Would I be a college professor? Would I live in Virginia? Would I be a published author by now?
Yesterday, I wrote about how my father’s dreams may have changed during the course of his life. Today, I’m writing about something similar.
In July I wrote a post in which I asked for suggestions on topics for this blog. One suggestion was to write about whether or not mental illness caused a limitation in my life.
The easy answer to that question is yes; obsessive-compulsive disorder and depression most definitely have limited my life.
There are many things I haven’t done because of my mental illnesses.
Because I was in a deep depression, I transferred from one college to another. That had a profound effect on my life, changing what I did after graduation and what my opportunities and influences may be been.
Chiefly because of my OCD and the ways it affected my reading and writing, I never finished my doctorate degree in English. I made it through the classes, the written and oral exams and the dissertation presentation. But I never wrote the dissertation.
And how many missed opportunities were there because I was too scared to try? How many people did I never meet because of my anxiety?
What job would I have? What friends would I have? Where would I have traveled?
Sometimes these missed opportunities, these “if only” statements grieve me. I wonder what my life would be like if I didn’t have OCD and depression.
What kind of person would I be? Who would be in my life?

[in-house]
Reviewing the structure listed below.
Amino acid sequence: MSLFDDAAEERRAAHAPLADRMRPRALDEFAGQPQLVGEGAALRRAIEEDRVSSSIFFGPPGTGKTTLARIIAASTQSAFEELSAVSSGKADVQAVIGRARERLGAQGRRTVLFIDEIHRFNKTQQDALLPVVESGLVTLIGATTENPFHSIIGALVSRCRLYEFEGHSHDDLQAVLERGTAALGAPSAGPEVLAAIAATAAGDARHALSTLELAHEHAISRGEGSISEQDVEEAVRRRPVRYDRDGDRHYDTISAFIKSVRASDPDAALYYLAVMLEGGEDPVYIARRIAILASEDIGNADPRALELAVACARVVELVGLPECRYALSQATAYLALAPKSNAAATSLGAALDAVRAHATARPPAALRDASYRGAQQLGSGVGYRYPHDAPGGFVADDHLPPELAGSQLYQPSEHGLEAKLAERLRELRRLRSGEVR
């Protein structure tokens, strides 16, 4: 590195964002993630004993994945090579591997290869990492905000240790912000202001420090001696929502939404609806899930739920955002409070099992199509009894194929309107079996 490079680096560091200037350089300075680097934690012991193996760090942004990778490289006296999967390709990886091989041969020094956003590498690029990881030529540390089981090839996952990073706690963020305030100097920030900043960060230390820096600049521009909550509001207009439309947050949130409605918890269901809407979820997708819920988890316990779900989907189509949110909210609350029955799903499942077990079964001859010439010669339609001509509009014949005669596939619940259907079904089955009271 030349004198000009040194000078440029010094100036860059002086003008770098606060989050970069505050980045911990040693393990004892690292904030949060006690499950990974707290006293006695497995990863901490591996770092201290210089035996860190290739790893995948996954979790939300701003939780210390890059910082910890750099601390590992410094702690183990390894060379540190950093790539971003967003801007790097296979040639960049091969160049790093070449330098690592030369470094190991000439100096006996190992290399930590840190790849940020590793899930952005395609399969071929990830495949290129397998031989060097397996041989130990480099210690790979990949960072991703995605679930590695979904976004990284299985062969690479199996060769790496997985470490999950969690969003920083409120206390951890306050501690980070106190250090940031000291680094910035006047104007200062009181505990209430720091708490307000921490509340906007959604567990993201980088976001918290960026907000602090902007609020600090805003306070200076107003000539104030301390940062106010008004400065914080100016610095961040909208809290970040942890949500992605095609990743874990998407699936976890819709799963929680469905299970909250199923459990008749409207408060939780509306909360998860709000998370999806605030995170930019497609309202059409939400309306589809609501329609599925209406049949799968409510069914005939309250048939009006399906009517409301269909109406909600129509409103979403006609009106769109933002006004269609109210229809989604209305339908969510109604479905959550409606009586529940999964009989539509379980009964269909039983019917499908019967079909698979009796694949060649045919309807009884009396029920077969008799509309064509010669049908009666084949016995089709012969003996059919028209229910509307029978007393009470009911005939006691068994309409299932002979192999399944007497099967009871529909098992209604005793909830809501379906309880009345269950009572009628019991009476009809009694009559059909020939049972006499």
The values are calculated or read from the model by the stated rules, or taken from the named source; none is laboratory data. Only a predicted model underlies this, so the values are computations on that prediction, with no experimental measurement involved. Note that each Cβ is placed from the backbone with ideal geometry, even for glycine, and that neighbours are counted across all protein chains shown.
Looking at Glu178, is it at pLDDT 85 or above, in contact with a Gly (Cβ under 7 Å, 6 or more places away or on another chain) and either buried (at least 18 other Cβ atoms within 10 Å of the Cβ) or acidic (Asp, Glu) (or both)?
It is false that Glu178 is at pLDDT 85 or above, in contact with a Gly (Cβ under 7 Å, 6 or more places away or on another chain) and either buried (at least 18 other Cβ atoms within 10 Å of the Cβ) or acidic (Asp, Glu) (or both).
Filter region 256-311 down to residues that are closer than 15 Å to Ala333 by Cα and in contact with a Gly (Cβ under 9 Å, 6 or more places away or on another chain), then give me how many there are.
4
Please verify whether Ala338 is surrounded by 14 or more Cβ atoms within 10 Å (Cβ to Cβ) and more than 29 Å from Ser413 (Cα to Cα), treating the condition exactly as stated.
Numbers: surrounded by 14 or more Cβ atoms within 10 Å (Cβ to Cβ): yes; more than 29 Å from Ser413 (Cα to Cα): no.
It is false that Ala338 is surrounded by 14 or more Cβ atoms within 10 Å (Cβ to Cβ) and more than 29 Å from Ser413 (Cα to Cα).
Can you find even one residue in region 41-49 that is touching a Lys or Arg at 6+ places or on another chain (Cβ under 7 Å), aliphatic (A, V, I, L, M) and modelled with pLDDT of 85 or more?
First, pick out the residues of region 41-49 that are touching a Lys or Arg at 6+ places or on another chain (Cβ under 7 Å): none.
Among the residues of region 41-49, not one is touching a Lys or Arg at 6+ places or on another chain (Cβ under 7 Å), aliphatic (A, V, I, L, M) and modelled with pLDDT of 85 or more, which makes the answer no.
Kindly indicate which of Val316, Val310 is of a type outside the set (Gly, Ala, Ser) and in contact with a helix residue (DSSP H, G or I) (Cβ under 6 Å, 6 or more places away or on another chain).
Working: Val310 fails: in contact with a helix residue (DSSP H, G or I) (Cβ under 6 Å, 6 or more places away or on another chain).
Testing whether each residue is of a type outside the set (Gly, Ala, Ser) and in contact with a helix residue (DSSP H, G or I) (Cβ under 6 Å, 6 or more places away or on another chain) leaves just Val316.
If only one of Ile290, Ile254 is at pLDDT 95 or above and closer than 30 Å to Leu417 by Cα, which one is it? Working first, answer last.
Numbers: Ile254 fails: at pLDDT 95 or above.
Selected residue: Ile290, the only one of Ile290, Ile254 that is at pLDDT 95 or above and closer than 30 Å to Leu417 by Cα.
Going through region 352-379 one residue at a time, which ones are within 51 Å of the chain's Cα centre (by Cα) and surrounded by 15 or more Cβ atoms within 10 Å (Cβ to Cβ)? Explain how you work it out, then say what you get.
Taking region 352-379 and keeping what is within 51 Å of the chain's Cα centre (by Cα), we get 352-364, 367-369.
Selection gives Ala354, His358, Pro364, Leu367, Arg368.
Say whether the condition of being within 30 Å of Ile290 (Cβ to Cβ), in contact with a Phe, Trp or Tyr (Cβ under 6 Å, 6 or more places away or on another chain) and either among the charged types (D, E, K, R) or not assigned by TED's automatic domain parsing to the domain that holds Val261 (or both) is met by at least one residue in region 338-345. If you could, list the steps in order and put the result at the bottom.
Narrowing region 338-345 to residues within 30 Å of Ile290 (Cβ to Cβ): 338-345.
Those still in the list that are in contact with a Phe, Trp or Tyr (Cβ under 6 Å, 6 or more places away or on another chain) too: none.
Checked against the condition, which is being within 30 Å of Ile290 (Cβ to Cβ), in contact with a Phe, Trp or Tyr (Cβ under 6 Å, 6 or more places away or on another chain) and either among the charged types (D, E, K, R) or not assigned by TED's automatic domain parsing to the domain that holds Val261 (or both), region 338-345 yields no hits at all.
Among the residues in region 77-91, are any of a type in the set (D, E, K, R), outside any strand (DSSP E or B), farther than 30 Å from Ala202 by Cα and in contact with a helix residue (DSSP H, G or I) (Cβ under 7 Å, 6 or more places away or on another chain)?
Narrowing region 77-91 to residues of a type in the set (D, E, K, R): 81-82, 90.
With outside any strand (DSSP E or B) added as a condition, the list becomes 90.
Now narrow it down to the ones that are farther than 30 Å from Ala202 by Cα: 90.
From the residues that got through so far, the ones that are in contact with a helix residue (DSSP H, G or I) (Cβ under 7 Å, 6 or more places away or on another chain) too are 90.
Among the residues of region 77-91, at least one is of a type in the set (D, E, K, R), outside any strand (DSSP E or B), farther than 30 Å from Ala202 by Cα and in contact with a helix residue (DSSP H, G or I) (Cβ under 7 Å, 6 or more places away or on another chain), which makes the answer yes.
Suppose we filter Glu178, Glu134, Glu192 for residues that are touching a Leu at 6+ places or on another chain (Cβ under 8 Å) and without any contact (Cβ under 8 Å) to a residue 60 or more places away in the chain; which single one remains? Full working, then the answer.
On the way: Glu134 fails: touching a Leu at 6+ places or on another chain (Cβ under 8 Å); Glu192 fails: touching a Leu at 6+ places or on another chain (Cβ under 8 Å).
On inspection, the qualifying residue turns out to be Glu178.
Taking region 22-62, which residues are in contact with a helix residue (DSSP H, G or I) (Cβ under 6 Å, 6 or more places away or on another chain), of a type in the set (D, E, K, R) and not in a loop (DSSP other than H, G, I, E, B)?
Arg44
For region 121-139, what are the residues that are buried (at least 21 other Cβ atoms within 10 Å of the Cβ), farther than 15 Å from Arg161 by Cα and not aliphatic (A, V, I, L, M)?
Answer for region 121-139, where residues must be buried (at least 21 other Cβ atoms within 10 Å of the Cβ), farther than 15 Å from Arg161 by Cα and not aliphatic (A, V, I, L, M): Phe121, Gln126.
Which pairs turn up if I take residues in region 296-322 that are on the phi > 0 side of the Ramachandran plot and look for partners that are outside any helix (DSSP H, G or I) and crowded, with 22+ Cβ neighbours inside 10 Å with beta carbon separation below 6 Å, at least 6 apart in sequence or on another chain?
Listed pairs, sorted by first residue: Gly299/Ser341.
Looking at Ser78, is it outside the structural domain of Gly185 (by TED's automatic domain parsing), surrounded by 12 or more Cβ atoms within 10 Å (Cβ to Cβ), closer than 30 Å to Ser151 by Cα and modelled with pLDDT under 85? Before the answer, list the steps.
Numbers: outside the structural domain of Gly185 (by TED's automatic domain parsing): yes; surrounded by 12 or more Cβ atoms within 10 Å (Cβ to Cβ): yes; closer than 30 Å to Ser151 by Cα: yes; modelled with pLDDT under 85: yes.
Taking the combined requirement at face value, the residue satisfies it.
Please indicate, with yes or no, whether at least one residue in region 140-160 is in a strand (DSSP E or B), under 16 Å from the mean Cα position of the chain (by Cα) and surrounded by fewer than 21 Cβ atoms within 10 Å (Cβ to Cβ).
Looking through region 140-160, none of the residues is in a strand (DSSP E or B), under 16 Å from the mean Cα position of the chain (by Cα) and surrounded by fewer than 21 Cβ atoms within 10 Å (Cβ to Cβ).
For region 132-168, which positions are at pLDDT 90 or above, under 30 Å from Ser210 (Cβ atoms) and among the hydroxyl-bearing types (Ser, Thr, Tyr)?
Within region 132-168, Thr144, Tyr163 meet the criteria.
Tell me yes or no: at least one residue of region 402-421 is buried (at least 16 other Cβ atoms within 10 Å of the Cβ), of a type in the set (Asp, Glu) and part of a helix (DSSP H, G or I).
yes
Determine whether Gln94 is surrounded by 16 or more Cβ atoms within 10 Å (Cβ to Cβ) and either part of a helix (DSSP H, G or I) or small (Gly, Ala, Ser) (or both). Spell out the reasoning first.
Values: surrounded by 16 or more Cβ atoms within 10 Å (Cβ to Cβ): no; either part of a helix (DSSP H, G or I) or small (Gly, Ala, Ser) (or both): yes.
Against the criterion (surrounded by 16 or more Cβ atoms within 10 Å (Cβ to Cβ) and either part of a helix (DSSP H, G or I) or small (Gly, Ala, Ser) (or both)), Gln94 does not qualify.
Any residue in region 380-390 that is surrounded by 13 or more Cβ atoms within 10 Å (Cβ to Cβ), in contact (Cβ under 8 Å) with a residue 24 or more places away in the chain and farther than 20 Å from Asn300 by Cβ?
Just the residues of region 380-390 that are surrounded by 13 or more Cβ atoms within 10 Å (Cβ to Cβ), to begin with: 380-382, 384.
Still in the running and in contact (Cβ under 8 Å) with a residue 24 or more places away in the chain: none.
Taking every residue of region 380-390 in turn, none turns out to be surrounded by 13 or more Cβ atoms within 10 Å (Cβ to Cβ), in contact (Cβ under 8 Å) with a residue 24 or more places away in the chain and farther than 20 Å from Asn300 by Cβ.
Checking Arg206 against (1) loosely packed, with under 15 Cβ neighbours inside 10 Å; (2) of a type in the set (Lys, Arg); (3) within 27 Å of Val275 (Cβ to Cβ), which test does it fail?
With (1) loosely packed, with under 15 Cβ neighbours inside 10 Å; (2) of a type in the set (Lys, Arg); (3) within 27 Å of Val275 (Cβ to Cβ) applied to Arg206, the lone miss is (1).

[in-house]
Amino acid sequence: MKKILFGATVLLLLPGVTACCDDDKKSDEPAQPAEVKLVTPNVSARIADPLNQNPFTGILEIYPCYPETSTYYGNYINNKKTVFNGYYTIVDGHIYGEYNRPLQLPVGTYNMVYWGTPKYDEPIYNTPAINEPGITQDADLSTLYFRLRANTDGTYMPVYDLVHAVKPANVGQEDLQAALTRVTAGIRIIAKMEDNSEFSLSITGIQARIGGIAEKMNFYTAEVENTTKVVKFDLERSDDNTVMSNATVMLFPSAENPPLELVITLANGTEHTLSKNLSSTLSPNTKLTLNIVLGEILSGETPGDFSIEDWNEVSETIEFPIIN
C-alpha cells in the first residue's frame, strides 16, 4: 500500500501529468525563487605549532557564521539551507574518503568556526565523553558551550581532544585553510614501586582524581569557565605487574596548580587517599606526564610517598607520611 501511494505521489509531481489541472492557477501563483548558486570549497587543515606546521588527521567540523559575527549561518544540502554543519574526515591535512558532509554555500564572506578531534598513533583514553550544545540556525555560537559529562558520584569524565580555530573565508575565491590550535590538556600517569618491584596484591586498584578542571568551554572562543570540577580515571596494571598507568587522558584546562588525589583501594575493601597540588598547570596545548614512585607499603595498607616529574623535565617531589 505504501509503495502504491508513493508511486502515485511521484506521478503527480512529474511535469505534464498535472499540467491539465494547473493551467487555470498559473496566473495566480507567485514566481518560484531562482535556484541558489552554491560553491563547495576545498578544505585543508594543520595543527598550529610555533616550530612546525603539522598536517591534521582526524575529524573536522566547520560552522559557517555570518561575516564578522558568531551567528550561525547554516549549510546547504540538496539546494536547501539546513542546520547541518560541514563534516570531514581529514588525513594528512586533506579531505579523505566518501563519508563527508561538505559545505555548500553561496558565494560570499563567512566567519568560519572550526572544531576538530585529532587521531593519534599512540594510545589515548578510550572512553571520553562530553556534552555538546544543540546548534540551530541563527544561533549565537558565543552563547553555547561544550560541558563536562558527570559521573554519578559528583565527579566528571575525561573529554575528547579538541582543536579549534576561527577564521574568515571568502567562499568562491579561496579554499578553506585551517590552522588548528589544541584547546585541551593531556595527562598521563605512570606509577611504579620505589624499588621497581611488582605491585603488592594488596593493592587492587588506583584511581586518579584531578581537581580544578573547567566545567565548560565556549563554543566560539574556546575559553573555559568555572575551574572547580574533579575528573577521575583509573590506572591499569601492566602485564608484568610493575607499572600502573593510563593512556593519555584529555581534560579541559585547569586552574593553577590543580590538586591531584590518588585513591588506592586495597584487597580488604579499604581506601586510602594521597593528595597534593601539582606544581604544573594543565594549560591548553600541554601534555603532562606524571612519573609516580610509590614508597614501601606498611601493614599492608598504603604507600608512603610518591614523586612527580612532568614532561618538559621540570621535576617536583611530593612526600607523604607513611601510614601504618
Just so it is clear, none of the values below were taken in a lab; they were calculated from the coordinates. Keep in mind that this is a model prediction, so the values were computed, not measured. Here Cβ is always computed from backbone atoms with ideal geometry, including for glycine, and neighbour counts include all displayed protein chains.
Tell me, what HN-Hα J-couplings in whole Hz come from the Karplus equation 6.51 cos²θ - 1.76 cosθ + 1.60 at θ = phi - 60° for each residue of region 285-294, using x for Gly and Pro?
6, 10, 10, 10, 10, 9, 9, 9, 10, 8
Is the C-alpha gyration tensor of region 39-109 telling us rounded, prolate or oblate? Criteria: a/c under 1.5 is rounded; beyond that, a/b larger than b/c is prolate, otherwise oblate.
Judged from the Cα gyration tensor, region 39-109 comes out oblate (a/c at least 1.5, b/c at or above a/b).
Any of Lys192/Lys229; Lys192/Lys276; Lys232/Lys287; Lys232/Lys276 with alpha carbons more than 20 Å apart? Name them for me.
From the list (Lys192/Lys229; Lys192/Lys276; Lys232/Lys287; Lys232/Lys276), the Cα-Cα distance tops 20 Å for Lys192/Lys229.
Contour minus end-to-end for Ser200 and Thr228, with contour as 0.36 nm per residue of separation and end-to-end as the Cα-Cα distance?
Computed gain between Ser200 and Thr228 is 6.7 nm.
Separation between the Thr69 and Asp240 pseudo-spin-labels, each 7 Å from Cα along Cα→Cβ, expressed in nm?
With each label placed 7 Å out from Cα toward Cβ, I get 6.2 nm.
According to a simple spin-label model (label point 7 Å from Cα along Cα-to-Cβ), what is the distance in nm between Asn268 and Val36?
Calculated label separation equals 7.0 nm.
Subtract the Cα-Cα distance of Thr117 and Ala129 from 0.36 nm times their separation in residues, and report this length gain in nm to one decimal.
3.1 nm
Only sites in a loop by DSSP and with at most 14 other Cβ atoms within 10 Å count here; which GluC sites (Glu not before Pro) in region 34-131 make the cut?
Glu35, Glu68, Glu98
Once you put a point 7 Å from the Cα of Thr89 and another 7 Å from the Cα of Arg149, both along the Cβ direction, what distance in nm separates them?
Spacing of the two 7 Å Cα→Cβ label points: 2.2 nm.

But, of course, without OCD and depression, I may not have had a better life, just a different one.
Do I want to be a college professor now? No. Am I happy in the job I’m in now? Yes. Do I like living in Virginia? Yes. Do I enjoy the writing I do now? Yes.
And most importantly, am I happy with the people in my life? Yes.
The path my life took may not be what I planned when I was a teenager and in my 20s, but it led me to my husband, Larry. It led to our life together.
And the path led me to become the person I am today. Who is to say it’s not the person I’m meant to be?
The questions, the “what ifs,” float around me sometimes, but I have hope that I am where I am for a reason.
That doesn’t mean I don’t work to lift some of the limitations I’ve allowed OCD and depression to place on me. Usually, those are situations where I feel fear, and I’m learning ways to push through the fear.
But focusing on my past will not make my life today better. I’ve grieved enough for what might have been. It’s time to truly focus on life today, on what I have to do today.
Can asking “what if” ever help us? When does it become more harmful than helpful?